Syphilis is caused by the bacterium Treponema pallidum and can progress chronically. Left untreated, syphilis leads to serious health complications.
How is syphilis transmitted?
Syphilis can be transmitted through oral, vaginal or anal intercourse with an infected person in a contagious phase. During pregnancy, transmission from mother to child is possible. Without treatment, the consequences for the child are serious.
What are its symptoms and its consequences?
Left untreated, syphilis manifests in different stages.
The first symptoms can appear as early as one week and as late as three months after infection, for example as lumps, sores or lesions of the mucous membrane at the entry point of the bacterium. Sores in the area of the anus, vagina or throat often remain undiscovered because they are painless. These symptoms disappear, even without treatment, after four to six weeks. However, the disease and its transmissibility remain.
The second stage follows within several weeks and is characterised by mainly non-itching skin rashes, which often affect the palms of the hands and the soles of the feet. Swollen lymph nodes, hair loss and other symptoms may also occur. These symptoms likewise disappear on their own, without treatment.
Next is a period of several months to several years during which the disease progresses without the appearance of symptoms. During the first year of this stage, those affected may show sporadic damage of the skin and mucous membranes and consequently are potentially still infectious.
In the long term, syphilis can lead to severe damage to the heart, brain, bones, skin and other organs.
All stages can lead to damage of the nervous system, which is referred to as neurosyphilis.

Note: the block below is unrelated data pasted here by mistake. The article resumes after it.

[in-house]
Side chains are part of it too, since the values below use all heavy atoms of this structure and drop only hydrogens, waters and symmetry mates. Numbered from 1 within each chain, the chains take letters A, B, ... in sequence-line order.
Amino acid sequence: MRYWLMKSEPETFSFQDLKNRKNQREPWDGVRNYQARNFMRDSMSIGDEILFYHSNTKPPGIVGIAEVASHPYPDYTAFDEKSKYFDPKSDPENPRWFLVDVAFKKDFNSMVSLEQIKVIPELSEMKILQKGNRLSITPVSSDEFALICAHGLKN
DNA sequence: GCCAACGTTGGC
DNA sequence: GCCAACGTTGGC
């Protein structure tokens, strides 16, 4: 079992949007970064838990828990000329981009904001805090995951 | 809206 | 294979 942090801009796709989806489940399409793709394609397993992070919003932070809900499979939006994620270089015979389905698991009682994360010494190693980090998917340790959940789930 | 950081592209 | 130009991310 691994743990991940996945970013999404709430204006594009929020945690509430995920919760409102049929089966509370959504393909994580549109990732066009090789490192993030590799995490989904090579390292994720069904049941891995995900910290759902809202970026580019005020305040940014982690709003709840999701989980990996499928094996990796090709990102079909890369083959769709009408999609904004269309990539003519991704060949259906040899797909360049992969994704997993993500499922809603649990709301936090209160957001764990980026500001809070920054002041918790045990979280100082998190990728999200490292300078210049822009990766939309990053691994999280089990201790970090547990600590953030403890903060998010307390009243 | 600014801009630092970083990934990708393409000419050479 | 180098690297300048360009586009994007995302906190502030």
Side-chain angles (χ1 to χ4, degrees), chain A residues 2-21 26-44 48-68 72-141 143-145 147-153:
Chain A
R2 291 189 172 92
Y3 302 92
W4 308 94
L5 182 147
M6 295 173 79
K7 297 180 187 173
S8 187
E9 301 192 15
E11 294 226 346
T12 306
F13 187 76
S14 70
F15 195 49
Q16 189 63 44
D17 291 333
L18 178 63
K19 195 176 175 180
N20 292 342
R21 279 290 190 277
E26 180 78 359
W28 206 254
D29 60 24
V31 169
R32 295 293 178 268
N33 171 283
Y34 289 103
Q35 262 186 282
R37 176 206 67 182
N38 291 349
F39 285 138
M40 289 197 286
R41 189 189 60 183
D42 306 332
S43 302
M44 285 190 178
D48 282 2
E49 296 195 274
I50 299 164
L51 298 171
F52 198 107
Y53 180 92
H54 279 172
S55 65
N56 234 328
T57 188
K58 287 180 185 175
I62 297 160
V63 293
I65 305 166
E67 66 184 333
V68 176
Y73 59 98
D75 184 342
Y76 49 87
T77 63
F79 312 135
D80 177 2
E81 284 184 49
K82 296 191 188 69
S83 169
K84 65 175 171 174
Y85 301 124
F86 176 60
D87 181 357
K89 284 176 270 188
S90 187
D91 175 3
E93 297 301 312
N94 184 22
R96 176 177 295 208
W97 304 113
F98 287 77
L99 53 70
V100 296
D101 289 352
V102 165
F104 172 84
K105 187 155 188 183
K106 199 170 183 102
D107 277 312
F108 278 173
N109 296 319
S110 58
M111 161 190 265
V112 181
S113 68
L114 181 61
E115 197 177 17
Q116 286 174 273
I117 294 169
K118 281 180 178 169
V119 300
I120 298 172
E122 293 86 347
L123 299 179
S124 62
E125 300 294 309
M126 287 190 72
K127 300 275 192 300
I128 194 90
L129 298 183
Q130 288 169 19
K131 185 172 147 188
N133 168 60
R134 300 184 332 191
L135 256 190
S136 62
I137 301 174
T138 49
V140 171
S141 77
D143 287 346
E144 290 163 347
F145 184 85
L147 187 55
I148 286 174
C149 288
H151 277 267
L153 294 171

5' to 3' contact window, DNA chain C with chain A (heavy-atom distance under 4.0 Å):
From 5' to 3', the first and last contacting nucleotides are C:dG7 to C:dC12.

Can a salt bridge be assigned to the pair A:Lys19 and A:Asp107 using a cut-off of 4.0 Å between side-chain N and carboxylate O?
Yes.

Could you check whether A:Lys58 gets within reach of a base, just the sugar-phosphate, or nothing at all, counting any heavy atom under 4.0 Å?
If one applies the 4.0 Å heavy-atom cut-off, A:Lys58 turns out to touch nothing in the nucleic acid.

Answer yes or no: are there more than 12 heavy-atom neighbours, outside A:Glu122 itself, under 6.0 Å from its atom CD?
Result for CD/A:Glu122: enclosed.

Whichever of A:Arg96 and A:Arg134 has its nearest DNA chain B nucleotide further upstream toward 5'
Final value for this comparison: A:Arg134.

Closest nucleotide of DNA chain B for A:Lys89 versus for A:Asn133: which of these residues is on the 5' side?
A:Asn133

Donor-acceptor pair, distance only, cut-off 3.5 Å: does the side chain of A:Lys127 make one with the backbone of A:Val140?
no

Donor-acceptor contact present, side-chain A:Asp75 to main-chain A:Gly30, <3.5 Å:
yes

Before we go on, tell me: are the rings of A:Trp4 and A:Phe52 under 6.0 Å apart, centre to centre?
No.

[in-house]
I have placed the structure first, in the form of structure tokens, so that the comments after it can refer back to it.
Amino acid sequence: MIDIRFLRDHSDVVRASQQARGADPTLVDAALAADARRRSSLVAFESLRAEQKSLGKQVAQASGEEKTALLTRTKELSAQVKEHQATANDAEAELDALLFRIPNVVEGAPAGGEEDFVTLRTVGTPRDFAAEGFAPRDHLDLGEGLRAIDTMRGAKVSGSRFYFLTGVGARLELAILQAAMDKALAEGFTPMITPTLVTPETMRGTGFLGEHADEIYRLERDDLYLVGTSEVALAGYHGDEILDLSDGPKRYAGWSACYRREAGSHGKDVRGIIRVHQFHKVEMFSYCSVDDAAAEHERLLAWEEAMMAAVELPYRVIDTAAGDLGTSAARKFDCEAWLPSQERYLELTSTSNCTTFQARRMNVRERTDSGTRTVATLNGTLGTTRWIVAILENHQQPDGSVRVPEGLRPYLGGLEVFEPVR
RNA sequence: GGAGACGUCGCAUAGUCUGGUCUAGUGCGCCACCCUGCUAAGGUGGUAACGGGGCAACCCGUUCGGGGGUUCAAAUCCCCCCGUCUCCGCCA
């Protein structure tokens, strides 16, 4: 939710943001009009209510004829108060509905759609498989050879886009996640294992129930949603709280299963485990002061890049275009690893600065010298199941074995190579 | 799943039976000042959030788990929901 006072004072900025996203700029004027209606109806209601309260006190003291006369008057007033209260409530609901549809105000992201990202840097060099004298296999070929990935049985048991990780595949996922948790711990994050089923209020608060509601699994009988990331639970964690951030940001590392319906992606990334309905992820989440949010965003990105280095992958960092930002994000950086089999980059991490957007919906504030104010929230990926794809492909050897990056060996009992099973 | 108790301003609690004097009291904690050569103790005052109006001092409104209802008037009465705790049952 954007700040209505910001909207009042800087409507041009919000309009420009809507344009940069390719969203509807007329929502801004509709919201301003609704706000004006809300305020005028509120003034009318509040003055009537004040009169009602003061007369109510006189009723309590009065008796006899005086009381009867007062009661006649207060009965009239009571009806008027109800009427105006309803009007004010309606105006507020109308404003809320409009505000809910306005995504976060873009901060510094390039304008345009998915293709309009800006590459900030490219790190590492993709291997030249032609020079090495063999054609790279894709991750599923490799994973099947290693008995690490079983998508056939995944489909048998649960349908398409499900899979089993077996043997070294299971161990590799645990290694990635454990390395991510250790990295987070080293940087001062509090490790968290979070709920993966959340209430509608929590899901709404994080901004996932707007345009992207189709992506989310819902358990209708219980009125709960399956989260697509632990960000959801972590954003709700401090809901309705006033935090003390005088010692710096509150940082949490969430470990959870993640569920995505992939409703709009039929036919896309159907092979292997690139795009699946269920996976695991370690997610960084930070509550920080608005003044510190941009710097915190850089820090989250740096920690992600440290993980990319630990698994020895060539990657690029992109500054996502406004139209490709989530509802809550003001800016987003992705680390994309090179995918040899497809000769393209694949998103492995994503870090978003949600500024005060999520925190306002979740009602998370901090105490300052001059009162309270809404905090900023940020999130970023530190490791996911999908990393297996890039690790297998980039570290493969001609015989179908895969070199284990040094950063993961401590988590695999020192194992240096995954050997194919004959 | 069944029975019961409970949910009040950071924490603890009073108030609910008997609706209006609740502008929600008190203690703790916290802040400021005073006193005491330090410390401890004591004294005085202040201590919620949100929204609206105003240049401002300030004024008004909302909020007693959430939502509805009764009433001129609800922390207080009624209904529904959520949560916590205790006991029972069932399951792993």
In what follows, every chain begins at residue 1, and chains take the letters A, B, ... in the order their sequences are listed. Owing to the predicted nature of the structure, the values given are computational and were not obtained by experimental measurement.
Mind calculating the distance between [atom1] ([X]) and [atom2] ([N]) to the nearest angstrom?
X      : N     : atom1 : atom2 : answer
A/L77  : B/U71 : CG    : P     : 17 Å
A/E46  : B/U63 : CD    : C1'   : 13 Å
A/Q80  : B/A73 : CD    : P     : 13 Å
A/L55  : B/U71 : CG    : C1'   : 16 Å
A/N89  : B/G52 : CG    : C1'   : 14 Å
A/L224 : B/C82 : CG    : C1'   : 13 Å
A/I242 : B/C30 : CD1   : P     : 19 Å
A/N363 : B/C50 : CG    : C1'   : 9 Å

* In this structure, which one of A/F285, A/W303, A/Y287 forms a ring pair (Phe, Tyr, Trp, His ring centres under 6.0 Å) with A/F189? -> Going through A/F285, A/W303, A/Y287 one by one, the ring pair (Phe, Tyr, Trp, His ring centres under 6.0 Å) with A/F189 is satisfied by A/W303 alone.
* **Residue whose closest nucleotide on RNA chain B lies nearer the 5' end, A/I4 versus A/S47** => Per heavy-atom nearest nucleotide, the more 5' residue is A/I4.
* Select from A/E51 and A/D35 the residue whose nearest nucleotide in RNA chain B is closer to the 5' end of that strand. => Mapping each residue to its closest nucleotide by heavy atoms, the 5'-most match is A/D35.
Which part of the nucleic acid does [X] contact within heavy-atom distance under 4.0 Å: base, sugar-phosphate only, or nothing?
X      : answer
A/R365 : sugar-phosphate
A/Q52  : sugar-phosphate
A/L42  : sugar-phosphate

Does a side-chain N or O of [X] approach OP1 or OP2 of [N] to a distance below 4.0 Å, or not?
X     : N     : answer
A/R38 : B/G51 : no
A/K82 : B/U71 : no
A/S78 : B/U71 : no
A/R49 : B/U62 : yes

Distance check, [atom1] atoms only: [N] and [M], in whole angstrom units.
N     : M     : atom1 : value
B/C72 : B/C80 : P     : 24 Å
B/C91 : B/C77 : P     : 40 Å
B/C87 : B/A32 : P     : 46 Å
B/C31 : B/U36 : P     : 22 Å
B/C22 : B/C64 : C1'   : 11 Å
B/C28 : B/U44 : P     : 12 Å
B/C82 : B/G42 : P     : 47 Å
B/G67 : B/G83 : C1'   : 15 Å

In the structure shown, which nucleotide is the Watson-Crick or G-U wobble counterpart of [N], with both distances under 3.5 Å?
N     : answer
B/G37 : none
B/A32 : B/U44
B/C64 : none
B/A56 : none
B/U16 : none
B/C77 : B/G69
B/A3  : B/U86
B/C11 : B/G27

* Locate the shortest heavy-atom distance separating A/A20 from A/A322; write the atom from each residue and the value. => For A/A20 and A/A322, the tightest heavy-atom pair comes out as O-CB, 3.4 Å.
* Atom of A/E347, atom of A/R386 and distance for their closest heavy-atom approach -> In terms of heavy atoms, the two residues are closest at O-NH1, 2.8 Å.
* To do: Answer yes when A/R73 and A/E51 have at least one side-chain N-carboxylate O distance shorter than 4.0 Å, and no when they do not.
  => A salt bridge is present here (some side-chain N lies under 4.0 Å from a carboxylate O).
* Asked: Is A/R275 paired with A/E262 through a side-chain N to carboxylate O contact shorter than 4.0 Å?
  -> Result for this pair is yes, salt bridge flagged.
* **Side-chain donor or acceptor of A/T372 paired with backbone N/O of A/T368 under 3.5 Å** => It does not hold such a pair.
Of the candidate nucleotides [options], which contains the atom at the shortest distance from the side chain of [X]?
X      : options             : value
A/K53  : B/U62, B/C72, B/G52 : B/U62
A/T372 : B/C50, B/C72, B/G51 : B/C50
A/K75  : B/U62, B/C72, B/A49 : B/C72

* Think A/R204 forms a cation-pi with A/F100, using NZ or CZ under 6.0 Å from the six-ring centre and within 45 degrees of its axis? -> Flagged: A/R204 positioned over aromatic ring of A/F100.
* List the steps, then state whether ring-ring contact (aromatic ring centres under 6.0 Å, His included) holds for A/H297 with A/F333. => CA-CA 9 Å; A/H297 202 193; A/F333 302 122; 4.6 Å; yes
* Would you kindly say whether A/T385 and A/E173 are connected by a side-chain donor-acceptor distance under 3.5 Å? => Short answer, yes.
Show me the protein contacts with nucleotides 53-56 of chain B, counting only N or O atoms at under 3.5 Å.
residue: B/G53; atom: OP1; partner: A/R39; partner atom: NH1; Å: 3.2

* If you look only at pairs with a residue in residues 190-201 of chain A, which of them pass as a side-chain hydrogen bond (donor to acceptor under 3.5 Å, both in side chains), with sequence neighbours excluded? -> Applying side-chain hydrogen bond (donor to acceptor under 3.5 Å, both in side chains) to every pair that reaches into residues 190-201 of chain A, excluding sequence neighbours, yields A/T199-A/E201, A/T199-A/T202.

How is syphilis tested for?
A syphilis infection is usually diagnosed with a blood test. Rapid tests are available as well, but the Federal Office of Public Health (FOPH) does not recommend them. At the early stage, the pathogen can be detected through a swab of the injured mucosa as well.
How is syphilis treated?
Syphilis is treated with antibiotics. If recognised early, the infection is curable.
Should sexual partners get treatment as well?
The person concerned should consider, together with her or his doctor, where the infection came from and whom it might already have been passed on to. Those sexual partners should be informed about the diagnosis, so they can, if necessary, get treatment.
Current sexual partners need to be treated simultaneously to avoid a “ping-pong effect”, whereby partners repeatedly re-infect each other. An additional benefit is the fact that condom use can be dispensed with during simultaneous treatment.
Note: The incubation period can last up to three months, which means that a lab test may not show an infection for the first three months. For that reason alone, prompt treatment of sexual partners, regardless of their test result, is important.
Non-treatment may eventually lead to severe health problems.
In case of an infection, www.lovelife.ch provides tips on how to inform your partner.
How can the (re)infection be prevented?
Condoms reduce the risk of getting infected with syphilis. But an infection is possible despite condom use. It is important to detect and treat an infection early.
If you have changing or multiple sexual partners during the same time period, talk to your doctor or another specialist about sexually transmitted infections (including HIV) and get advice on whether tests may be necessary.
Source: Federal Office of Public Health (FOPH), lovelife.ch